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Good news awaits Kenai anglers

Posted: Friday, July 05, 2002

Good news greeted anglers venturing onto the Kenai River looking for a chance to catch a king salmon for the first time since the river was closed by emergency order last month: The fishing is good.

Take a report from Alaska Fishing Charters and Soldotna Bed and Breakfast Lodge, where guest Ed Valderde of Santa Fe Springs, Calif., landed a 74-pound king on Tuesday while fishing with guide Joe Szczesny.

Tuesday was the first day fishing was allowed from motorized boats, and with bait now legal, anglers reported good success -- on Tuesday, Soldotna Bed and Breakfast Lodge guests also reeled in a 48-pounder and a 44-pounder.

"Fishing has been good and fishing conditions have been excellent," said Alaska Department of Fish and Game area management biologist Mark Gamblin. "For the first few days (of the king salmon opening), we've been seeing good numbers of chinook enter the river."

In fact, the department's sonar counter recorded more than 500 fish heading up the river on Monday, and 1,600 fish on Tuesday.

Gamblin said the numbers gave him reason to feel optimistic about the second run after the weakest early run on record.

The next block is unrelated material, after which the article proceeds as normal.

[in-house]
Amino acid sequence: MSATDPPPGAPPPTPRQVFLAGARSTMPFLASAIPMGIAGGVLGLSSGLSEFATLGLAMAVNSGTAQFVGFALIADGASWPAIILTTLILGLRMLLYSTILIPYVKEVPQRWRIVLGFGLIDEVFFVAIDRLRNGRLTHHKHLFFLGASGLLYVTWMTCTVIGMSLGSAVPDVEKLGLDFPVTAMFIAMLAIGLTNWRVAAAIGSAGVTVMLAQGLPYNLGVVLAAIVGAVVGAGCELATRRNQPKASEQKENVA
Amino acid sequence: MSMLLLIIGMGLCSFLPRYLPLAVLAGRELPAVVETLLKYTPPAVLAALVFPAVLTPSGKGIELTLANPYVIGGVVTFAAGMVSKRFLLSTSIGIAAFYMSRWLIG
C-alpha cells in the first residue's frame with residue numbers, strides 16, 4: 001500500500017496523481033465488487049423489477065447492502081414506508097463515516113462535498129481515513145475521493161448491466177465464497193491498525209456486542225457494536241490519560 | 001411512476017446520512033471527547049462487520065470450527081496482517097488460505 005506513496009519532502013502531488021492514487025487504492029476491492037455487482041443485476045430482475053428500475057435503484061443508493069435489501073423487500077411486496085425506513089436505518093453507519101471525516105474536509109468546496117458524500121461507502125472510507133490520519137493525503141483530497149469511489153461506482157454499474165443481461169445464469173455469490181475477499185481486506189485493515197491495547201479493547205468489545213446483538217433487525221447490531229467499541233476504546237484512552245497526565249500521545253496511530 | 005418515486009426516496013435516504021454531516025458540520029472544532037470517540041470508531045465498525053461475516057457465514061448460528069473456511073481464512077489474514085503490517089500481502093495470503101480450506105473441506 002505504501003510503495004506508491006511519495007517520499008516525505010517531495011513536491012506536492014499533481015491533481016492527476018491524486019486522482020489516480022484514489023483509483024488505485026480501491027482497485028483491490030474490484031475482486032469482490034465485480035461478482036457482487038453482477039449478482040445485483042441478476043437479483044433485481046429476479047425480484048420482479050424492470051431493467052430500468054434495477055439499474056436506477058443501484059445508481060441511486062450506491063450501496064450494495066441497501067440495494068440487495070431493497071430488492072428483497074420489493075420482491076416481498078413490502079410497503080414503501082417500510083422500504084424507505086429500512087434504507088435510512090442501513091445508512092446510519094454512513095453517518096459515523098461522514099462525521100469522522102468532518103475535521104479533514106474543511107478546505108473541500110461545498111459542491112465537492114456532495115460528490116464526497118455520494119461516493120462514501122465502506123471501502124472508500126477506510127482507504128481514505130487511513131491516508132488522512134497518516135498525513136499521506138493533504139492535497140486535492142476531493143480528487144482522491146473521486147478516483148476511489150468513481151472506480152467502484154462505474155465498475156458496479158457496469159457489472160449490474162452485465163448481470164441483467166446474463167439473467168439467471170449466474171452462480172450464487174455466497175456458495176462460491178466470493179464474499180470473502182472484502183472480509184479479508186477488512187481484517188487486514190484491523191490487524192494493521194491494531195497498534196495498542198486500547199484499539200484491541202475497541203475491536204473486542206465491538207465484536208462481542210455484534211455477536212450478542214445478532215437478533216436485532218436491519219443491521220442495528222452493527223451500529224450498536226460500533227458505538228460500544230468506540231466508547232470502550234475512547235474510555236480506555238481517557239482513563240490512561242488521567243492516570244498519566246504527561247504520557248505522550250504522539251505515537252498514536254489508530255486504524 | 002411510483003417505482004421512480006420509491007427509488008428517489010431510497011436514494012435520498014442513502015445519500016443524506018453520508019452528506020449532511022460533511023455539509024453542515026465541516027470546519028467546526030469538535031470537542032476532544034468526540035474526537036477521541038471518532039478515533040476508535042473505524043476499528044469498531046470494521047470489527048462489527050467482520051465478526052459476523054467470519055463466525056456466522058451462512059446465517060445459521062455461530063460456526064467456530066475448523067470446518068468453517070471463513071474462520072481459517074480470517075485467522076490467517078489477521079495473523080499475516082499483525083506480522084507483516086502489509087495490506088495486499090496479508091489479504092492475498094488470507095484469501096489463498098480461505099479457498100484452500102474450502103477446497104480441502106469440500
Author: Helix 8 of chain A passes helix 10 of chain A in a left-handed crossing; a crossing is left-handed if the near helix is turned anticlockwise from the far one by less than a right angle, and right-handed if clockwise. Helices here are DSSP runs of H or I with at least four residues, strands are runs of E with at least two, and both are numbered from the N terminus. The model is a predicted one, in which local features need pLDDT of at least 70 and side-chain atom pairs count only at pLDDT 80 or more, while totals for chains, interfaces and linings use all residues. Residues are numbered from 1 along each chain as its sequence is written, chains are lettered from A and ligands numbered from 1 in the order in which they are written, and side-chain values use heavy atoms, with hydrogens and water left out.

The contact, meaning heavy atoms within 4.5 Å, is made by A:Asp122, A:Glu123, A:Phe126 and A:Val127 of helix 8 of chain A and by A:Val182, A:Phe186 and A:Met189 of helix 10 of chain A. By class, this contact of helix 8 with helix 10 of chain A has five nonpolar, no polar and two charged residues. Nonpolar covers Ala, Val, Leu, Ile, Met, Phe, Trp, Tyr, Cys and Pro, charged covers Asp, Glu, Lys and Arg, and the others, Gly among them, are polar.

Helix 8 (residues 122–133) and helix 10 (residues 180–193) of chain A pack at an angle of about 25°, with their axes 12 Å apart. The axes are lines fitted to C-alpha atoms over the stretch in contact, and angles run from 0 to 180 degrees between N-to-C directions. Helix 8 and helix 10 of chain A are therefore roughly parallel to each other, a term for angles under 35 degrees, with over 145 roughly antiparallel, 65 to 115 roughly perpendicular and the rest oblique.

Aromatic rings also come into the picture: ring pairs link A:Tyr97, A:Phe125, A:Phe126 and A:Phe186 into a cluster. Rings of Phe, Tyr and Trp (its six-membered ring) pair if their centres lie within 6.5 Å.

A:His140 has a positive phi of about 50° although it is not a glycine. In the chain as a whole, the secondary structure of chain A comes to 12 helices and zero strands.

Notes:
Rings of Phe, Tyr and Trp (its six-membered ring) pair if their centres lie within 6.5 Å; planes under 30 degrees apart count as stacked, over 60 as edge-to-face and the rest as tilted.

"That's the way I'm feeling, but we're also telling people to keep in mind that this is only two or three days of data," Gamblin said. "For the time being, things are looking optimistic."

The Kenai River is open to sportfishing for king salmon downstream from the Sterling Highway bridge in Soldotna. The river upstream from the Soldotna bridge remains closed to king salmon fishing by emergency order through July 14, and bait is prohibited while fishing for other species in that area during the closure.

Other species anglers may like to target in the middle and upper Kenai River and on the Russian River include Dolly Varden and rainbow trout. With spawning salmon in the river, rainbows and Dollies should begin to take egg patterns and flesh flies.

The Ninilchik River, Deep Creek and the Anchor River also are good places to try for Dollies -- far from the salmon-mad crowds. In addition to flies, fish will take salmon eggs, small spinners and spoons. With the streams low and clear, best times for fishing are early morning and evening.

Fishing for red salmon on the Russian River has slowed, but Gamblin said there are still good numbers of fish in the river. Anglers will do best to hike up the river and search out pools where fish are holding.

Fishing for reds on the upper Kenai may heat up in a week or so as sockeyes have been entering the Kenai by thousands this week. Gamblin said that Fish and Game sonar counted 5,000 fish on Monday and 7,800 Tuesday, along with 6,000 reds returning to the Kasilof on Monday and 3,000 on Tuesday.

Those numbers bode well for the personal-use dipnet fisheries at the mouths of both rivers. The Kasilof dipnet fishery already has opened, and the Kenai fishery opens Wednesday, though fishing hours will be restricted to 6 a.m. until 11 p.m. this year.

Fishing for halibut out of Homer, Anchor Point and Deep Creek remains good and is expected to improve with this week's small tides. Halibut fishing out of Seward also has been very good to excellent, when the weather cooperates.



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